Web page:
July 23, 2007
Chairman Christopher Cox
Securities and Exchange Commission
100 F Street, N.E.
Washington, D.C. 20549-1090
Via fax 202-772-9200 and email firstname.lastname@example.org
Re: File Number 4-537
Dear Chairman Cox,
I am writing in response to the Commission's May “Spotlight on the Proxy Process” roundtable meetings. As an attorney who has worked, for almost a decade, with investors as they file shareholder proposals I am greatly concerned about changes to Rule 14a-8 that would restrict or effectively eliminate shareholders' ability to file shareholder proposals. I respectfully urge the Commission to not proceed with any such changes.
For decades, shareholder proposals have been a force for positive change in corporations. These proposals, often filed by fiduciaries who have deep responsibilities to their beneficiaries and work diligently to enhance the value of their investments, have improved corporate environmental, social and governance practices to the benefit of the companies, their shareholders, their stakeholders and society. I believe many of these changes could not have been achieved without shareholder proposals. The materiality of the issues raised by these proposals has never been more clear. This is demonstrated by the growing percentage of votes received by the proposals and the fact that proxy voting advisory firms are increasingly recommending “yes” votes for the proposals.
I would like to take this opportunity to echo many of the compelling statements made by my colleagues in earlier comment letters and endorse them whole heartedly. In addition, please consider these brief additional points.
The approximately 50 year old shareholder proposal process is ultimately serving shareholders and companies well. It is an important pillar in the Commission's historic and congressionally mandated role to ensure that all investors have a level playing field. The result is a balanced and tested system – it is a process we know and understand. If Rule 14a-8 is changed as some have suggested, the Commission runs the risk of creating significant unintended negative consequences as shareholders and companies take action to address their interests within the new structure.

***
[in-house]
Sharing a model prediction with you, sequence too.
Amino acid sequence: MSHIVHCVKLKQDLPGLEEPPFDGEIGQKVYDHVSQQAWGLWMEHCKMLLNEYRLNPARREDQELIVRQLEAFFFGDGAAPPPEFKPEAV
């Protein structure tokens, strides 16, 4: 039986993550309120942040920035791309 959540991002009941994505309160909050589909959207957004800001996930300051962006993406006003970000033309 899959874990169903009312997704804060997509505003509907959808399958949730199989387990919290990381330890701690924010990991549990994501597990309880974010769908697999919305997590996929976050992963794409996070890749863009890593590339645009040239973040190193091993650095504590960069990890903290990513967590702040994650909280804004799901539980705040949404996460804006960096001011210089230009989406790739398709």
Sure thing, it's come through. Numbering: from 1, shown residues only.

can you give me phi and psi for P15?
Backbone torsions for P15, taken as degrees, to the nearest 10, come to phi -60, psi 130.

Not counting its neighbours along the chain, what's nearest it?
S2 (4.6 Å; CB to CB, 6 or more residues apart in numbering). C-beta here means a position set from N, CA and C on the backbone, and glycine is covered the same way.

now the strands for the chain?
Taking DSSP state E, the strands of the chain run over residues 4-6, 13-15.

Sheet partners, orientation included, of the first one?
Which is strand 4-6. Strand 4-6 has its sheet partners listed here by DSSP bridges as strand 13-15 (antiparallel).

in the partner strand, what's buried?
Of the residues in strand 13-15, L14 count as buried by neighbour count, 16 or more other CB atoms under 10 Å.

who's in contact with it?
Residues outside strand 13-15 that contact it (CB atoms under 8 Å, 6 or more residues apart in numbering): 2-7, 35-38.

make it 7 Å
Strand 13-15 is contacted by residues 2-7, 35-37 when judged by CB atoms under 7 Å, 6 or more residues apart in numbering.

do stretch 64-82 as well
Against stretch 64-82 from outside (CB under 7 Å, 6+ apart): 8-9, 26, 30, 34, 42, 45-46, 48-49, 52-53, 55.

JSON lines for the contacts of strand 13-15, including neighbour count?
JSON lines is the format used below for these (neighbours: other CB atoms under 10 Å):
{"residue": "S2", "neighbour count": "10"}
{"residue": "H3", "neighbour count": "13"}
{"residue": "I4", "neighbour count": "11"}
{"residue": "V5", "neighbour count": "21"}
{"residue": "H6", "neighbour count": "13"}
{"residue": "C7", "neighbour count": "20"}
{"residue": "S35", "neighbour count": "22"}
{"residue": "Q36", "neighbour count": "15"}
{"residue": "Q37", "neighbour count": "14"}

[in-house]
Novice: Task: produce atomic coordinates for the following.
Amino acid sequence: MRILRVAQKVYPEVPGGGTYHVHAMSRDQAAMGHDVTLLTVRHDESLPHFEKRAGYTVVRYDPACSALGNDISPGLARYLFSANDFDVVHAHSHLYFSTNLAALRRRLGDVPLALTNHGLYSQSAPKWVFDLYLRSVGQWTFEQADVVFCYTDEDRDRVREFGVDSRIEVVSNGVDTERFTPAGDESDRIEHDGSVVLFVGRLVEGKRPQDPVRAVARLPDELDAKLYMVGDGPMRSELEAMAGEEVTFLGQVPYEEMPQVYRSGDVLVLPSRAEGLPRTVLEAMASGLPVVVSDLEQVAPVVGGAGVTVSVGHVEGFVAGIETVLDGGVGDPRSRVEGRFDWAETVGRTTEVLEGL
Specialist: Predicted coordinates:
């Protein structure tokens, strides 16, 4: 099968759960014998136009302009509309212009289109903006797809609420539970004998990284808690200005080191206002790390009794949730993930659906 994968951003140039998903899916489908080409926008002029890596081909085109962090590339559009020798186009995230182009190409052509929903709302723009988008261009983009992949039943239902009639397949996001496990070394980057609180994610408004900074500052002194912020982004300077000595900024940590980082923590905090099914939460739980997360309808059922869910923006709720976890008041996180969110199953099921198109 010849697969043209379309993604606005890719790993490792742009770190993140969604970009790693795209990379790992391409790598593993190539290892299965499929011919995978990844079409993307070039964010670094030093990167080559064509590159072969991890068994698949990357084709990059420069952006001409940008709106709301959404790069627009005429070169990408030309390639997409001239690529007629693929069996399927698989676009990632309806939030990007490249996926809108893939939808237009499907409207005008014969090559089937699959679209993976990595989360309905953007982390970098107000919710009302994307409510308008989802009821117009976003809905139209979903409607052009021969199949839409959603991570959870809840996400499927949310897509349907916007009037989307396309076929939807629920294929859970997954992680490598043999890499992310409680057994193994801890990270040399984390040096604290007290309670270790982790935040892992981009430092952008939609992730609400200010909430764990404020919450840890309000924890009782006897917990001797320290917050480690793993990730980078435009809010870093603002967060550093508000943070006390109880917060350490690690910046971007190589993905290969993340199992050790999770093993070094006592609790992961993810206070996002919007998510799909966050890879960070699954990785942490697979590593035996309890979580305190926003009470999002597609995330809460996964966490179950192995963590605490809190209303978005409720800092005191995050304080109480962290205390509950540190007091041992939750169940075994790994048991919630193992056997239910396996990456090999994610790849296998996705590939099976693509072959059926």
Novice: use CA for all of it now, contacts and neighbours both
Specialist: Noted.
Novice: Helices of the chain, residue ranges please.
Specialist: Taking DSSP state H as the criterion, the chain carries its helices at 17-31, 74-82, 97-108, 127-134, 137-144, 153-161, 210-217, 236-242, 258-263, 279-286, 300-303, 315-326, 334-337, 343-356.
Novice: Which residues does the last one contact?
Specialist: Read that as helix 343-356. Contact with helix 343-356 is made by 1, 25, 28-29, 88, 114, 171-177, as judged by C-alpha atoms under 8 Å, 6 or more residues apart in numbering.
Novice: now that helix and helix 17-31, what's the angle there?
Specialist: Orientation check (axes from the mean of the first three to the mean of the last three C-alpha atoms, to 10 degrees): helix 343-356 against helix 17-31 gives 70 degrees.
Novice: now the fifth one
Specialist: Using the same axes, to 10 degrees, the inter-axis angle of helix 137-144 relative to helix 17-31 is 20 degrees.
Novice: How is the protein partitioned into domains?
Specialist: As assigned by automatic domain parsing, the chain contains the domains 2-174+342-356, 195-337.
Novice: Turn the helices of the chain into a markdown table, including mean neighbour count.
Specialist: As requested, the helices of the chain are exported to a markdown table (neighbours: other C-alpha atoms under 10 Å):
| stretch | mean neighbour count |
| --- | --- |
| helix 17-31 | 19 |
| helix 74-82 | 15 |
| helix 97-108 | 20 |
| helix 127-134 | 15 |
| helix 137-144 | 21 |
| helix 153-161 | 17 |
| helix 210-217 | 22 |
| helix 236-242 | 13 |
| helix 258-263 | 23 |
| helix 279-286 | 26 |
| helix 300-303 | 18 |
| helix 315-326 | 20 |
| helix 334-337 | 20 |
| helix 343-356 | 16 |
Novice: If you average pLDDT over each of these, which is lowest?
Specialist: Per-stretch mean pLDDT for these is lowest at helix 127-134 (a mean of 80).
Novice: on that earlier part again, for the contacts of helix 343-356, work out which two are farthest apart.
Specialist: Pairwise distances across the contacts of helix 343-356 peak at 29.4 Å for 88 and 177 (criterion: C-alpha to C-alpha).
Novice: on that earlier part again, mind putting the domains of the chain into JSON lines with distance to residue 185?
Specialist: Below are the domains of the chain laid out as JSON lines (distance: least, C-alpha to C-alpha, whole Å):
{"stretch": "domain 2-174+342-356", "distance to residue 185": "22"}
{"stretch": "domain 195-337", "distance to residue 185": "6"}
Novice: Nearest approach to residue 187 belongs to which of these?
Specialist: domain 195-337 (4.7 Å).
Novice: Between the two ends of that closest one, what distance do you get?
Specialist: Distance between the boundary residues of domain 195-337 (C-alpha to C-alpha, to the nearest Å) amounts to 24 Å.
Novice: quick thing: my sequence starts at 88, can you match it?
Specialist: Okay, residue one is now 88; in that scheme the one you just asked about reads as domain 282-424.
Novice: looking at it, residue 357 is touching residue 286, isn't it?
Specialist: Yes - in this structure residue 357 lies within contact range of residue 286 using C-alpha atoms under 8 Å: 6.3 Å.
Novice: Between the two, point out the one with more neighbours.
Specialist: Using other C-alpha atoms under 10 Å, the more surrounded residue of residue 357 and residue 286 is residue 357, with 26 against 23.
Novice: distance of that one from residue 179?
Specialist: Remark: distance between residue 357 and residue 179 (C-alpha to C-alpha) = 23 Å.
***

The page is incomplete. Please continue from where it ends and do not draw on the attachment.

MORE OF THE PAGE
The current filing and re-filing thresholds have been effective at culling the field of shareholder proposals. While not perfect, they do create a contest of ideas in which the success of the proposal finally rests on its relevance to the company's prosperity and the strength of the arguments that support it.
The initial decision whether a proposal will appear in the proxy is best left with the Commission. Investors will not benefit by replacing the current uniform and formalized process with a balkanized system where the rules vary from state-to-state or company-to-company. A decentralized system would simply waste precious investor and company resources as well as distract all parties from the business at hand. No legitimate interest is served by creating a “wild west” shareholder proposal process.
Thank you for considering my comments as you contemplate this weighty issue. In sum, the current system has been a net positive for companies, investors and the public. Because of that, I respectfully caution the Commission against restricting or effectively eliminating shareholders' ability to file shareholder proposals.